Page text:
22 February 2011 by

Filing tax returns

In the Crown Court the judge originally described Gareth Steed’s activities as “moonlighting”, i.e. legitimate trading which he failed to declare for tax purposes. Steed, in his limited defence, said he had not received tax returns but acknowledged that he failed to notify H M Revenue & Customs (‘HMRC’) of the charge to tax.

Steed was charged with three counts of tax evasion, resulting in the original three charges being dropped and the introduction of one new charge to which he pleaded guilty. The charge was common-law ‘cheat’, namely that between 1 April 2003 and 31 December 2004 he failed to submit declarations of tax due including the proceeds derived from the sale of vehicles, furniture and tools and from building work.

Steed accepted that a tax liability of at least £3,558 had arisen for 2002/03. However, this was not the end of the matter as following his conviction HMRC pursued confiscation proceedings. HMRC argued that he had a criminal lifestyle for confiscation purposes, under section 75 of the Proceeds of Crime Act 2002 (‘POCA’), on the basis that he had committed an offence over at least six months from which he had gained a benefit of at least £5,000. Had a tax return been submitted for 2002/03 it would have triggered not only payment of £3,558 for 2002/03 but also a payment on account for the following year, and so an amount exceeding £5,000.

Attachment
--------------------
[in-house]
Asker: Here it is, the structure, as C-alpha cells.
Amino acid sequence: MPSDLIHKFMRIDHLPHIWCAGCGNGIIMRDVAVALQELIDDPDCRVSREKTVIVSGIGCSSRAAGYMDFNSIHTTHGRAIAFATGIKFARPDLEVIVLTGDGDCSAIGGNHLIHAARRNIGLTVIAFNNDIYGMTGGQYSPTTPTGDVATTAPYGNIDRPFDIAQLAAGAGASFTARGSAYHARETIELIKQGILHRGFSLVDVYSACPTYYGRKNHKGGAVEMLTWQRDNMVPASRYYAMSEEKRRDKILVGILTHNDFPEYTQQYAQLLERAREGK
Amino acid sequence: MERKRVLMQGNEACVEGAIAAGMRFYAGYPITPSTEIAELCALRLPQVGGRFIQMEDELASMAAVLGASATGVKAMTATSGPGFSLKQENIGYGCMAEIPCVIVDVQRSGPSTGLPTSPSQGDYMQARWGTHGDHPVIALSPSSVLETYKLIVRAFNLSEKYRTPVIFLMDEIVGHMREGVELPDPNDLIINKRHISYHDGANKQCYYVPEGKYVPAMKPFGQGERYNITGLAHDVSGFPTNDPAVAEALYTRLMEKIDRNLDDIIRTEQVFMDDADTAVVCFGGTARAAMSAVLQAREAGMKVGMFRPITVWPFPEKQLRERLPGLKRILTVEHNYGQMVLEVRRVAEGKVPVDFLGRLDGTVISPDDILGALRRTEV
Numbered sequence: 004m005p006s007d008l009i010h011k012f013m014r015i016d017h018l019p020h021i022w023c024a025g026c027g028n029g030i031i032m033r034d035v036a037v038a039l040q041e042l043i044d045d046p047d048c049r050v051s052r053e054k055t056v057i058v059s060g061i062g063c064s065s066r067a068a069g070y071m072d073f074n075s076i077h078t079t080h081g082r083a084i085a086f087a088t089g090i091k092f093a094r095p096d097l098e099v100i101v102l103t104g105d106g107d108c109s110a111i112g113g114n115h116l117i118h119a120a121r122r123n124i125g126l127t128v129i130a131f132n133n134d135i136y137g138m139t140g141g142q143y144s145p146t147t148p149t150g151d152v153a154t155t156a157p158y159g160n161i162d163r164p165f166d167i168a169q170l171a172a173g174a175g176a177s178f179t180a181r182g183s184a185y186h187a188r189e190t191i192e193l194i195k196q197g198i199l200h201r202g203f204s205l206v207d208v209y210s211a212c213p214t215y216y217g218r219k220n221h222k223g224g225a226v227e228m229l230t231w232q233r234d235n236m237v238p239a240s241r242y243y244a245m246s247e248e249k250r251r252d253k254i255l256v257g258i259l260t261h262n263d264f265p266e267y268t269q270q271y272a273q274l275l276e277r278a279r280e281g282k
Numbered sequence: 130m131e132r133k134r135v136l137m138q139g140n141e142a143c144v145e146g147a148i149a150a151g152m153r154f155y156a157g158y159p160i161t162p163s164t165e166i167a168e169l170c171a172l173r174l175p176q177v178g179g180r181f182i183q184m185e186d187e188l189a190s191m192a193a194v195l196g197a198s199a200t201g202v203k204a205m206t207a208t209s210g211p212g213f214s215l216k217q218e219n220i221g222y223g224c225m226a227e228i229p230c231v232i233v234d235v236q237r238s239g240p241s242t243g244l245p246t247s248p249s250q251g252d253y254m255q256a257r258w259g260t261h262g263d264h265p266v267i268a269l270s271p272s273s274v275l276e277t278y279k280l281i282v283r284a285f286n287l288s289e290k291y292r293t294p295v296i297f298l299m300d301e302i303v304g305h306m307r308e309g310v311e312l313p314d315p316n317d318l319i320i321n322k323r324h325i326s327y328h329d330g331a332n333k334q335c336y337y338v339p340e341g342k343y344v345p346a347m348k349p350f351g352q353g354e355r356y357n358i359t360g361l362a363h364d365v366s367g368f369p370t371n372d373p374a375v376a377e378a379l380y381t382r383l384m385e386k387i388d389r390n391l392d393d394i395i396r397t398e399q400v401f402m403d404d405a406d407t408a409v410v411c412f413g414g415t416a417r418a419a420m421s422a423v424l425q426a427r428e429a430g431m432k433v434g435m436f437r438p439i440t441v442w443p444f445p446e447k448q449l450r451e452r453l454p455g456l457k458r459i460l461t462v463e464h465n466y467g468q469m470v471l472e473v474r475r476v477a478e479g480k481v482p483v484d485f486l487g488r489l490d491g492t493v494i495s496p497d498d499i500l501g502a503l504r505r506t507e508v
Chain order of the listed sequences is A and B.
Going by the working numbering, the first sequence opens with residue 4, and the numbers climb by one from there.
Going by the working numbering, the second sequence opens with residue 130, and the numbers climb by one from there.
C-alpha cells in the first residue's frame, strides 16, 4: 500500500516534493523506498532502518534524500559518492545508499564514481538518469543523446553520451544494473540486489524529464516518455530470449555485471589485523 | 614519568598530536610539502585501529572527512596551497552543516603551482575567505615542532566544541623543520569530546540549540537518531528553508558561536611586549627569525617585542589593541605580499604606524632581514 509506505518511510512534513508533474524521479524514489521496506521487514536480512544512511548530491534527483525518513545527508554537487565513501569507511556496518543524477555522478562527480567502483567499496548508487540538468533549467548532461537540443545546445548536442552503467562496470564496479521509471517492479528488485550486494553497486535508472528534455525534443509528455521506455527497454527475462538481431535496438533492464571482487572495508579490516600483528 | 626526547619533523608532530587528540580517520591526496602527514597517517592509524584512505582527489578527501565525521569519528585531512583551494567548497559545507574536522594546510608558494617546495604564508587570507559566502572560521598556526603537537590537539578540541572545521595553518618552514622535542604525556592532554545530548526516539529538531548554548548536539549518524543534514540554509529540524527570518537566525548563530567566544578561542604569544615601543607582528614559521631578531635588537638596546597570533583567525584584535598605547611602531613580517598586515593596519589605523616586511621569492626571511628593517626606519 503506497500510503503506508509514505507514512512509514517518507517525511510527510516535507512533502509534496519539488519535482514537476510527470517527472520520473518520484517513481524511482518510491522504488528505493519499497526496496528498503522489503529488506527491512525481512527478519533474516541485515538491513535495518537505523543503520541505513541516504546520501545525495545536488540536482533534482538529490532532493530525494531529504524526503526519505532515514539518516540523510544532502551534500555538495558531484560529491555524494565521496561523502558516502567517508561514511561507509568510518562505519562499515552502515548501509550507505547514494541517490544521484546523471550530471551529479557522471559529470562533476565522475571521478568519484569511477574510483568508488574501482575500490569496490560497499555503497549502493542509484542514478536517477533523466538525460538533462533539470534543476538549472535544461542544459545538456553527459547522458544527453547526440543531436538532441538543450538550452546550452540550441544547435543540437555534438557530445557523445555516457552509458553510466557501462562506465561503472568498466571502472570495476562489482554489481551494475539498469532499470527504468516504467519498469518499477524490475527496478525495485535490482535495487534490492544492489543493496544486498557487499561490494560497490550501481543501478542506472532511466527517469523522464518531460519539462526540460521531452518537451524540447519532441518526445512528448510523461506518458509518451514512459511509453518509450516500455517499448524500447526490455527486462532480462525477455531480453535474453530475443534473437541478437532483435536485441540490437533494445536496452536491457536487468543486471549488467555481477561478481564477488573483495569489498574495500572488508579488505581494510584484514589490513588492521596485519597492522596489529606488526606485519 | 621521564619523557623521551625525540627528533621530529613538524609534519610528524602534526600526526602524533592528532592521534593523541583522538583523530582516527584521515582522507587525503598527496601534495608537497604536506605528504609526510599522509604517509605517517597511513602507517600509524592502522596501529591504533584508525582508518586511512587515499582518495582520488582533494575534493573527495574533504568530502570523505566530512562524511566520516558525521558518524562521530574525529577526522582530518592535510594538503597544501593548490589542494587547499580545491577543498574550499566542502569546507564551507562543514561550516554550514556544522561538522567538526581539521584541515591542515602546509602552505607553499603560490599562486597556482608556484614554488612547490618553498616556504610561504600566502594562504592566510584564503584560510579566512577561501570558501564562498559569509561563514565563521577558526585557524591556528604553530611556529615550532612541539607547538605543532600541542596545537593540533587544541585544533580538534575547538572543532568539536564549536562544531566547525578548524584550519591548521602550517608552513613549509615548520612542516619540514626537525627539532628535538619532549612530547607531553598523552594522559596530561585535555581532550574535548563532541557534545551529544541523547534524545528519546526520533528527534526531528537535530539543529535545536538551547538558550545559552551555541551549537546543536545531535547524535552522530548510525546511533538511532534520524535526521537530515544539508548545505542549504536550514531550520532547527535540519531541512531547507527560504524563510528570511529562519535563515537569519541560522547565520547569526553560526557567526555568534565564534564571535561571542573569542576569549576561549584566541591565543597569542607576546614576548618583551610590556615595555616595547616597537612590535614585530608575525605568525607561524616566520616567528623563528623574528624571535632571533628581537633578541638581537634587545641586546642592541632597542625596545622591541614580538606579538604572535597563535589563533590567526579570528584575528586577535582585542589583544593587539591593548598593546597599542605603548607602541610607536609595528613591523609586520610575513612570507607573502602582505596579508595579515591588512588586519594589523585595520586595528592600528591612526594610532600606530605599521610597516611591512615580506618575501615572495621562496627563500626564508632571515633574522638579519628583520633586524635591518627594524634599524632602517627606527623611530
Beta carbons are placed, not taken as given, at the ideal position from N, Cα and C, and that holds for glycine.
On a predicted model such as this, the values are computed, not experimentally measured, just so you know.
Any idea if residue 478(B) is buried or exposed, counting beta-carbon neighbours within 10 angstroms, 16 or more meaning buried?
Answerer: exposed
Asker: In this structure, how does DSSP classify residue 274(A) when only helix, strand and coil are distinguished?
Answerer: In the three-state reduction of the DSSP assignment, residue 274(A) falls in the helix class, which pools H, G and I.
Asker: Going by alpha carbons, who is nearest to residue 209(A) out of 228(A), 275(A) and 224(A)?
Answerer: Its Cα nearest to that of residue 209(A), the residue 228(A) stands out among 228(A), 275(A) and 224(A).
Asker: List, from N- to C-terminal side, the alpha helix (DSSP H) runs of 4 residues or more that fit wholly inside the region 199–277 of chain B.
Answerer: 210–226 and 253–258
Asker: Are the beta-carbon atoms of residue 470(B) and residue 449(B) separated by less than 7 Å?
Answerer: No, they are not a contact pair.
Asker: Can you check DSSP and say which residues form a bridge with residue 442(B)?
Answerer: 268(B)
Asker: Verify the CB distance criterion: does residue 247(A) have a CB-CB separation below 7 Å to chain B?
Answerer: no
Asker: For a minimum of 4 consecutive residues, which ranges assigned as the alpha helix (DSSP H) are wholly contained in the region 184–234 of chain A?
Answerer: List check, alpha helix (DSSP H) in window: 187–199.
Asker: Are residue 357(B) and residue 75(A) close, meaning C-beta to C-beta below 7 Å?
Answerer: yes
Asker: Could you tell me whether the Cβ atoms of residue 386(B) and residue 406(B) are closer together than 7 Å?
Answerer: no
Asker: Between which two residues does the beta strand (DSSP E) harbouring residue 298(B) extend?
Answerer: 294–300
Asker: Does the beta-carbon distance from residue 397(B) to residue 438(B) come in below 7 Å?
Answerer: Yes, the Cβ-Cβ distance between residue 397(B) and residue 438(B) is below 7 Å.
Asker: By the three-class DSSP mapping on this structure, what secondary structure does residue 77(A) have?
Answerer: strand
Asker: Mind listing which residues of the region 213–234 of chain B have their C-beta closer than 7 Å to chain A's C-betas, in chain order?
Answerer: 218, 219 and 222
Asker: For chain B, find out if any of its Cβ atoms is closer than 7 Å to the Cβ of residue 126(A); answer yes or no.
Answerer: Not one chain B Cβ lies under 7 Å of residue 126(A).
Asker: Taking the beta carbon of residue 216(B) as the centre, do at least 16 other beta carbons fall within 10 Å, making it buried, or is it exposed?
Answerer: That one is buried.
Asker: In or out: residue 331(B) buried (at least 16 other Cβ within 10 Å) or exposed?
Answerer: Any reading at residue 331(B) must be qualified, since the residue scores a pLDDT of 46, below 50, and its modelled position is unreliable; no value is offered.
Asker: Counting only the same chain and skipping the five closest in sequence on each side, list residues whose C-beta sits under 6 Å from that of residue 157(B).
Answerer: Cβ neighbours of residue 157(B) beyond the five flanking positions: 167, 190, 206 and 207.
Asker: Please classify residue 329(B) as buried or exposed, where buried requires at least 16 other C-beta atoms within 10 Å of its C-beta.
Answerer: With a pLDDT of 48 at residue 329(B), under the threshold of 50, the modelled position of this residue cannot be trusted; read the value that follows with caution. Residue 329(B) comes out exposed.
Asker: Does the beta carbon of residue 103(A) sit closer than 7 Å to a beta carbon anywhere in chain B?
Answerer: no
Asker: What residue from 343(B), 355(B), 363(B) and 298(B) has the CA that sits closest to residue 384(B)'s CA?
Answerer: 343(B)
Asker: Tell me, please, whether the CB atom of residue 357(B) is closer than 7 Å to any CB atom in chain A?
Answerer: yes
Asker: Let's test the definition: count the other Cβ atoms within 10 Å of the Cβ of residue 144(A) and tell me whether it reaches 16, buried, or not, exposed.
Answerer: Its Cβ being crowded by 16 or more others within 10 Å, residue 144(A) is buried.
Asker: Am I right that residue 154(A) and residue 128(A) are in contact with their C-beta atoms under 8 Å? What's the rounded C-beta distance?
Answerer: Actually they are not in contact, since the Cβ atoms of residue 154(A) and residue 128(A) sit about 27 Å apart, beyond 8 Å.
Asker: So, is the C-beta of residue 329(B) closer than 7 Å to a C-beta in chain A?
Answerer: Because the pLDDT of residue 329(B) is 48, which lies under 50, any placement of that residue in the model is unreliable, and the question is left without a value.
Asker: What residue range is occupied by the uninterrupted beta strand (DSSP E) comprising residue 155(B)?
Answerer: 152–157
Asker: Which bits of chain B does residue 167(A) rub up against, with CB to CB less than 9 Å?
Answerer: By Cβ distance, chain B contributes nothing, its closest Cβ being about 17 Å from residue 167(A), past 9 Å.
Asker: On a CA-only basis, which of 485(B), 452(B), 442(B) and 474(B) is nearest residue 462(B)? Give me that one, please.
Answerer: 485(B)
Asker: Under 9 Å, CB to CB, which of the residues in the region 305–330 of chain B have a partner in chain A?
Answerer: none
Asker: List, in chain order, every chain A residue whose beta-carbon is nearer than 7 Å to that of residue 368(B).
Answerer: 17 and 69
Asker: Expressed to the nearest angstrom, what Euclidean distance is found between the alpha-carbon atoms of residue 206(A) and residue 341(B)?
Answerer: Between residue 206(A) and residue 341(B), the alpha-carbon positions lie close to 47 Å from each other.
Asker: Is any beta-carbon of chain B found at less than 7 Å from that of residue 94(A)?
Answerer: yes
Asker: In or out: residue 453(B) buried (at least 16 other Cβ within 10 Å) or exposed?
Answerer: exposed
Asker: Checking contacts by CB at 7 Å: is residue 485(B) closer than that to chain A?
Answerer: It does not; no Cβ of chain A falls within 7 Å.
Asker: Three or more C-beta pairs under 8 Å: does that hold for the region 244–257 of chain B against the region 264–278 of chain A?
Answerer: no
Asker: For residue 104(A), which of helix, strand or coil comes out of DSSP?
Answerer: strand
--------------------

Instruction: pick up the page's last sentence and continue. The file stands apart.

The Crown Court judge found that Steed was unable to produce evidence to rebut the statutory assumptions and made a confiscation order against him for £707,200 under POCA, Steed’s ‘available amount’, with a four year prison sentence in default of payment by the due date.

Steed appealed, but the Court of Appeal upheld the confiscation order and dismissed his appeal. Ouch.

21 January 2011 by

Glass half empty?

What is the current liability to pay Business Rates on empty commercial property? This is a significant cost consideration to both landlords, who may be considering forfeiting a defaulting tenant's lease, and tenants who are in financial difficulty.

7 February 2011 by Louise Dawson

Seller bound by e-mail contract

The case of Nicholas Prestige Homes v Neal has recently been heard by the Court of Appeal. In this case, Mr Neal had entered by email into a sole agency agreement with Nicholas Prestige Homes to sell his property.

Signup To Our Weekly e-News

"*" indicates required fields

We’ll never share your details with any third party in line with our privacy policy.